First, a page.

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Frederick E. Berry Library and Learning Commons

Salem State University: Faculty Publications 2020

Miranda Lam

Lam, M., Vega, G. (2020). Entrepreneurial Finance: Concepts and Cases. Routledge.



An accessible guide to an increasingly complex subject, Entrepreneurial Finance: Concepts and Cases demonstrates how to address often- overlooked financial issues from the entrepreneur’s standpoint, including challenges faced by start-ups and small businesses.

This new edition retains the original’s structure, around seven modules or building blocks designed to be taught across a full semester with natural break points built into each chapter within the modules. The building blocks present macro- concepts which are explored in greater detail in each of the chapters. Each concept is illustrated by a short case and followed by thoughtful questions to enhance learning. The cases are new or fully updated for the second edition, and deal with real companies, real problems, and currently unfolding issues. A new chapter on business models includes coverage of social ventures, and the chapters on forms of business ownership and financing have been expanded.

Upper- level undergraduate students of entrepreneurship will appreciate the book’s practical approach and engaging tone, along with the hands- on cases and exercises that help students to break down complex concepts.

Online resources for instructors include a case teaching manual, lecture slides, test bank, and interactive exercises.

Zlatinka Blaber


Guven-Uslu, P., Blaber, Z. and Adhikari, P. 2020. Boundary spanners and calculative practicesFinancial Accountability and Management. 36(4), pp. 439-460.



This paper questions to what extent particular calculative practices used for inter‐organizational decision‐making help or hinder boundary spanners meet performativity ideals. It uses programmatic rationalities of government as a framework to study reciprocity between them and the conditions of performativity. Empirical data were collected from healthcare commissioning spaces of English National Health Service (NHS). Data triangulation was achieved through documentary analysis, data collected through interviews, and observation notes taken in local commissioning meetings and national conferences. Findings revealed an apparent lack of reciprocity between programmatic rationality and calculative practices surrounding the commissioning activities of boundary spanners. As a consequence, in local commissioning situations boundary spanners with formal roles used calculative practices differently than semi‐formal boundary spanners. Unlike their formal counterparts, who used mainly accounting information in their calculative practices, semi‐formal boundary spanners incorporated non‐accounting information and devised alternative calculative practices. In addition, while formal boundary spanners on NHS Committees used calculative practices in maintaining clear boundaries between commissioning and provider organizations, semi‐formal boundary spanners made use of the data of both parties in order to reach inter organizational decisions. The study has three main contributions. First, it differentiates boundary spanners and explains differences in their interaction with calculative practices. Second, it introduces the concept of reciprocity to inter‐organizational studies in accounting. Third, it shows how conditions of performativity reflected in micro‐settings influenced how semi‐formal boundary spanners used calculative practices (and other supplementary information) to achieve performance ideals of government programs.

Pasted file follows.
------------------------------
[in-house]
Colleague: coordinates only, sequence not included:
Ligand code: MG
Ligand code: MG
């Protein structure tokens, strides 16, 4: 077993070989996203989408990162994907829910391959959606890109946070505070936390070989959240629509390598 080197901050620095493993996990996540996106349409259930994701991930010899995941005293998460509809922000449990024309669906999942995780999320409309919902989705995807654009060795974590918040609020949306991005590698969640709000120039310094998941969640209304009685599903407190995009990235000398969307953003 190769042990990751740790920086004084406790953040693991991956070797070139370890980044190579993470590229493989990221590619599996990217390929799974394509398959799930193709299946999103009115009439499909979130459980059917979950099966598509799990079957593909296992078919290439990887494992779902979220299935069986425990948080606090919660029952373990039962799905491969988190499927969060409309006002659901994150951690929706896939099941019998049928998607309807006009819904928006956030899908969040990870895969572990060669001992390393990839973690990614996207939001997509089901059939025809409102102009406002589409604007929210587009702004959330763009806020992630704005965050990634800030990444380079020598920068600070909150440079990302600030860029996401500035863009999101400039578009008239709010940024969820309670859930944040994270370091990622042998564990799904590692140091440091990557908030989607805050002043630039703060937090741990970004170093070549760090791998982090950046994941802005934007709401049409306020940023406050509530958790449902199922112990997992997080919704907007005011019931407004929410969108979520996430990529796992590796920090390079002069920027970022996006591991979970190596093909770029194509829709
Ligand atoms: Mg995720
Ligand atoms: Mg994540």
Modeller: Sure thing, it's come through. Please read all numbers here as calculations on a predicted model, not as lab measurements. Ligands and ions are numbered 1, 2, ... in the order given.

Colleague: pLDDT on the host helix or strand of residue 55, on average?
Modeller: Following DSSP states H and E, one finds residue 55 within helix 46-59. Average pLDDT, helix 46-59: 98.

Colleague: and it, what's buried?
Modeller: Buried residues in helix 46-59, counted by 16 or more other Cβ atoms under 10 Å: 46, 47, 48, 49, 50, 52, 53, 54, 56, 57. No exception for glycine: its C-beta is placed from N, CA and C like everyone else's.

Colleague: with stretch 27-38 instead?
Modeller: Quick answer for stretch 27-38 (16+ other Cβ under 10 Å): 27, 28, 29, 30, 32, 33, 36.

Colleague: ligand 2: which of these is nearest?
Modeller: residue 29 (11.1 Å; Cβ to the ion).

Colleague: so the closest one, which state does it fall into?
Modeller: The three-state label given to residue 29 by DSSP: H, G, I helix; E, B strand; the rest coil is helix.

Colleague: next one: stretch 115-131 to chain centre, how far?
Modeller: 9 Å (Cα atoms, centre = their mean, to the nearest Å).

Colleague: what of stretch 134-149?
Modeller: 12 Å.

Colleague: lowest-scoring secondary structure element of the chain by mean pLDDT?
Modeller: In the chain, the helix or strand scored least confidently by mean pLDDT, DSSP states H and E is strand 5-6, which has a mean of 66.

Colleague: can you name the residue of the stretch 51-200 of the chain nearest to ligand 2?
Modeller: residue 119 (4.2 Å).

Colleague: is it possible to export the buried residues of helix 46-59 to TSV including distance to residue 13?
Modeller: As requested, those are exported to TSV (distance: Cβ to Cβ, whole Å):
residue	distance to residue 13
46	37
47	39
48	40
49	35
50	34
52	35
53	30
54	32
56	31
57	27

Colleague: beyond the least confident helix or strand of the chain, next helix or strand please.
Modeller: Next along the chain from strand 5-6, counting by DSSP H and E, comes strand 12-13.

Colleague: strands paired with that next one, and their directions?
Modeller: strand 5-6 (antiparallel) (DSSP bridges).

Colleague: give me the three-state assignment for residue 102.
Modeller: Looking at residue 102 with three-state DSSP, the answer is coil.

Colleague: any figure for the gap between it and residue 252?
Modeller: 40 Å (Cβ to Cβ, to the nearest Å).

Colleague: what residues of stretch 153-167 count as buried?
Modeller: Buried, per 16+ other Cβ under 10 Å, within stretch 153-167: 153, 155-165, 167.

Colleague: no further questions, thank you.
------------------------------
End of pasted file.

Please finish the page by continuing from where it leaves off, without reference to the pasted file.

Blaber, Z., Brady, D. and Gougoumanova, G. 2020. Stereotypical representations of the accountant in The New Yorker cartoons through timeVisual Studies. 35(4), pp. 359-373.



This article explores the accountant imagery in the cartoons of The New Yorker magazine from 1960 through 2018. The purpose of this study is: first, to determine what stereotypical representations of the accountant are portrayed in the magazine’s cartoons; and second, to determine whether these representations conform to the cultural changes reported in previous studies – a movement from professionalism to commercialism. Five observations result from the cartoon data collected from The Cartoon Bank (TCB) and then eight hypotheses are tested. Z tests indicate that the frequency of cartoons depicting professionalism was statistically larger during the time periods 1960–1979 and 1990–1999. However, the frequency switched during the time periods 2000–2009 and 2010–2018 to depictions of commercialism being statistically larger. Therefore, the primary inference that can be drawn from this study is that the cultural change in the role of the accountant from professionalism to commercialism reported in the literature has been confirmed in the context of the accountant cartoons printed in The New Yorker between 1960 and 2018. Another conclusion drawn from this study is that the most prominent stereotypical representations of the accountant in The New Yorker cartoons are ‘reputable’ and ‘uninteresting’ (for cartoons depicting professionalism) and ‘corrupt’ and ‘advice giver’ (for cartoons depicting commercialism). Apparently, the cartoonists tend to think of accountants in terms of these stereotypes more so than the other stereotype categories examined. Interestingly, ‘reputable’ and ‘advice giver’ are effectively positive perceptions, while ‘uninteresting’ and ‘corrupt’ convey negative perceptions. Thus, the depiction of the temporal change of the accountant is not one of positive perceptions changing into negative perceptions with time. Even though the accounting scandals of the early 2000s are considered an ignominy for the accounting profession (‘corrupt’ stereotype), the social and professional status of accountants has not been entirely shrouded in negative portrayals.